Since depression runs in my family, I've had ample opportunity to observe the church's reaction to depression. I've seen the church react in very negative ways. I've seen judgmental attitudes and heard very hurtful things said. But I've also seen the church step in to help when appropriate. The same has been true this past week. It's hard to be open and honest with fellow believers about the junk in one's life and in one's brain, but the body of Christ has been incredibly supportive and understanding to us. I'm sure it confuses some of them, but even the approach of “I don't quite understand your situation or know what to think of it, but I'm here to help and pray in any way I can” is a blessing.

It would be great if the church at large would be willing to address depression and mental illness out in the open. It is a fairly common problem. I used to joke that depression was a luxury only those in developed countries could afford to have, and it's true that as a whole, we probably over-medicate ourselves in this country. But that doesn't make the problem any less real. I also think it is best addressed by someone who has either experienced it or at least feels empathetic towards those experiencing it. It wouldn't do much good to have a person with no experience in this regard to get up and start telling people how they should act or what they should do. I find that people who understand depression through first-hand experience can recognize others who have been there through how they talk about it. And I tend to disregard those who speak about it when they obviously have no clue.

For those who are trying to support a person with severe depression, I'm finding that a good support system of friends and a counselor makes a world of difference. Asking for help is a very hard thing to do, but no one knows you need help unless you ask for it.

Finally, I never want to underestimate the power of prayer. The times when you can't seem to pray are the times when you need other people to intercede on your behalf. Those are the times when you'll just have to trust that a simple “God, help me” is heard and understood at the throne of the Father.

4 comments:

jaigner said...

Oh my goodness, I know exactly what you're talking about. I believe that there is a long history of undiagnosed depression and anxiety disorders in my family.

I basically lived with a low-grade depression for years until it finally hit like a ton of bricks. I had a number of things to be very happy about: finishing grad school, dating my future wife, etc., but no Bible verse or prayer could bring me out.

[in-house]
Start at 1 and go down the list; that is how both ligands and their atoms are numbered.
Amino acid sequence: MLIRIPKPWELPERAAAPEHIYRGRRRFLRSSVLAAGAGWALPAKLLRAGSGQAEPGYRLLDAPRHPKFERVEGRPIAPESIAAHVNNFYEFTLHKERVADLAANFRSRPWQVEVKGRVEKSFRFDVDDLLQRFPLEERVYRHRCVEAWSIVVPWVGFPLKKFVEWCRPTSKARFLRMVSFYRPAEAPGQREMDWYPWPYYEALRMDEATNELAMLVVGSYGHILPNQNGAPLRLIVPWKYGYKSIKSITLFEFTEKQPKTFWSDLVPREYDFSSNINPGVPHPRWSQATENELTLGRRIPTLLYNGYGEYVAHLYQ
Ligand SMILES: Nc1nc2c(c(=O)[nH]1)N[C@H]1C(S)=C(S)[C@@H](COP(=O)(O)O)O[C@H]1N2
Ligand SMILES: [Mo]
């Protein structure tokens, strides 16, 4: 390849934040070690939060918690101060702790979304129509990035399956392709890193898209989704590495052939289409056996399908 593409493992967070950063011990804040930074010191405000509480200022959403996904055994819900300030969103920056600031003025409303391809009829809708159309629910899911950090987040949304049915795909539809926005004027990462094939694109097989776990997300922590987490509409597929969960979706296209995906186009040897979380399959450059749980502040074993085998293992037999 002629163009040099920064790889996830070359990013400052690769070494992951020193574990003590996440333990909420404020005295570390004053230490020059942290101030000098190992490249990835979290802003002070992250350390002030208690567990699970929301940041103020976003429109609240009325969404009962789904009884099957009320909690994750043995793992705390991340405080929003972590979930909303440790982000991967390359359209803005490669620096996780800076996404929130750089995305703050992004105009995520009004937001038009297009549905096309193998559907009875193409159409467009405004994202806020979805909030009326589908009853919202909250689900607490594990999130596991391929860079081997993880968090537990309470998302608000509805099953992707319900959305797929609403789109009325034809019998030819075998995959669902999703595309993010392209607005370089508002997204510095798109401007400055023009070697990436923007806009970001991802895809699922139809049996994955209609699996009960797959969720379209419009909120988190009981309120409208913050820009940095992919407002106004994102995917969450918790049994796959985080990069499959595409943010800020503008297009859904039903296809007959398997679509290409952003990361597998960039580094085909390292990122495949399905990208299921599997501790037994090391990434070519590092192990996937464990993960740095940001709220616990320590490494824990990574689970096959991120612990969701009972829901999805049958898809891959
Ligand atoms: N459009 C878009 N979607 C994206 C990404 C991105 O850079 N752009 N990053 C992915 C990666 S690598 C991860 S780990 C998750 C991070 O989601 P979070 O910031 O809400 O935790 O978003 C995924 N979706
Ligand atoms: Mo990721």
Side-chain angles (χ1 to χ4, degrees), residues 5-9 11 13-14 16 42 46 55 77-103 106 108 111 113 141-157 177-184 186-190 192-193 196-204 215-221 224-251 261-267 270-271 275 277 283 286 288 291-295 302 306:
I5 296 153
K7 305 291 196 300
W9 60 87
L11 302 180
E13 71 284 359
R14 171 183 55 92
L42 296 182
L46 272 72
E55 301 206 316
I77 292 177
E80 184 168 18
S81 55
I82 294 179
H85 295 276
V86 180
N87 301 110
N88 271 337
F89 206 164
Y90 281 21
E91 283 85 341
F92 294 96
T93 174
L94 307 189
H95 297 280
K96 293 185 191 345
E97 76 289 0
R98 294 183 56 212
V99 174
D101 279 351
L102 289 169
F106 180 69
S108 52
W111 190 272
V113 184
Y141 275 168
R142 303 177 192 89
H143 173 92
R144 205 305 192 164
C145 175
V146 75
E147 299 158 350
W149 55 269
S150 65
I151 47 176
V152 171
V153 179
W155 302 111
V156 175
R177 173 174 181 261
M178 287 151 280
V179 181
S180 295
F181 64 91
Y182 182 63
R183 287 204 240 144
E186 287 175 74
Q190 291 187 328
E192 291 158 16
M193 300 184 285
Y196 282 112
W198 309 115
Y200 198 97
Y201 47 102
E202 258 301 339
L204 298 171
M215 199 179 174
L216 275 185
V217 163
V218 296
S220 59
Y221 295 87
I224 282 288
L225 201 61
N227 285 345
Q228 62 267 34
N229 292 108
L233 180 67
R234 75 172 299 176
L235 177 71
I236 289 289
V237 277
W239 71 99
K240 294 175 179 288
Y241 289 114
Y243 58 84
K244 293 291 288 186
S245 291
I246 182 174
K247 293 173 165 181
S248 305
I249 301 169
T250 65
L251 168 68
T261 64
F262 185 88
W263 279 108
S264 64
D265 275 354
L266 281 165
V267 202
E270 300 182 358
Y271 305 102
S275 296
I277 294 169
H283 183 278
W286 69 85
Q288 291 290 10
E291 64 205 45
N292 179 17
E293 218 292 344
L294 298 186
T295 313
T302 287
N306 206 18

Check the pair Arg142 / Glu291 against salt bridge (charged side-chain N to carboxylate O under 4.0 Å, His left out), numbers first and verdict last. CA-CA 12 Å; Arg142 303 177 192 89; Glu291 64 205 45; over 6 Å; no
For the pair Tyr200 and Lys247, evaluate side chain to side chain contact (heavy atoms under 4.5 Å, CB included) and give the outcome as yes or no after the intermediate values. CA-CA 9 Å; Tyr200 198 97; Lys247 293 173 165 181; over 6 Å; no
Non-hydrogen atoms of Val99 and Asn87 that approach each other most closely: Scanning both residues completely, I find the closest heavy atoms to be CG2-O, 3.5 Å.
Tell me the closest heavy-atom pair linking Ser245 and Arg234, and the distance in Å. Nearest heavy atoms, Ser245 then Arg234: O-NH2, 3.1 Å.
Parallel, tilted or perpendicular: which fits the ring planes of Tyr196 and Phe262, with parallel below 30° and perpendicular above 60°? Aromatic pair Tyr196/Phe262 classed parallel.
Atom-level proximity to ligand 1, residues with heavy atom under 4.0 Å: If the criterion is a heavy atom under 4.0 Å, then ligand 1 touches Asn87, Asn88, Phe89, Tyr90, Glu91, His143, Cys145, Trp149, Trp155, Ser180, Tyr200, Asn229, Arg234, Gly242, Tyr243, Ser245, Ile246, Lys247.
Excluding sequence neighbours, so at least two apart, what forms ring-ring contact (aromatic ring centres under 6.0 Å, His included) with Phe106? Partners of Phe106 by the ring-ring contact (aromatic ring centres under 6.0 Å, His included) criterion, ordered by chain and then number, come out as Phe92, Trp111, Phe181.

I finally figured out that I had a number of thought processes left over from the toxic, judgmental Christianity I found growing up a Southern Baptist homeschooler in Texas. I imagine depression rates are pretty high in that demographic.

So, all that took quite a while to change, but with much prayer, support from my wife (who happens to be a counselor) and some of those wonderful meds you were talking about, I feel better than I have in years...at least since about 7th grade(no joke).

And you are right in saying there is no Bible verse that can lift someone severely depressed out of that haze. I think Christians actually often worsen depression for people when they claim that it's all in ones head or a spiritual (sin) problem or weak faith. What a joke.

Glad things have turned around for your husband. My prayers are with your family.

Dan Martin said...

Wow, Leesha, thanks for your transparency on this. Our prayers go to the Father for both you and your husband...with thankfulness that he took the assistance route rather than the shotgun.

I can't say I've experienced the level of depression you describe (thankfully). When I've been depressed it's usually been tied--however tenuously--to circumstances in my life that I want to change but can't (or think I can't). Nevertheless it's enough for me to sympathize in some small way with that inexplicable weight you describe.

I would add one thing, though from observations both of my friends and my own self...and that is you've just illustrated another vital reason to be connected to a body of believers who really give a rip about you and know you. I say this both for the support they can offer, which you're now experiencing; but also for an important diagnostic aid: those who really know you can help you discern between the "you need to get help" and "you need to get a grip" forms of depression. Both are real, and frequently it can be difficult to distinguish which is which.

But that distinction can only be made if people know you like a brother/sister. Otherwise it's just baloney and can steer you in wrong and dangerous directions.

Grace and peace on your family, especially now. . .

Dan

jaigner said...

Dan's comments are helpful, I think. There is no substitute for a close circle of likeminded (at least to a point) friends.

I think the distinction between the two problems that are often placed under the depression umbrella is important, but I will say that if it gets persistent or particularly deep, the person, family or the circle of close friends needs to leave the distinction up to a mental health, and possibly a medical professional.

And if anyone who has a personal or family history of clinical depression hits a "rough patch," that should be taken very seriously.

E. A. Harvey said...

Thank you both for your comments! Sorry it has taken me awhile to respond. You both bring up good points-- the absolute necessity of being with believers who know you and care about you, and the importance of getting professional medical advice. Both of those things hinge on a person's willingness to be honest about their struggles, which is so, so hard to do. But it is much easier to be honest when you know the response will be love, acceptance, and help.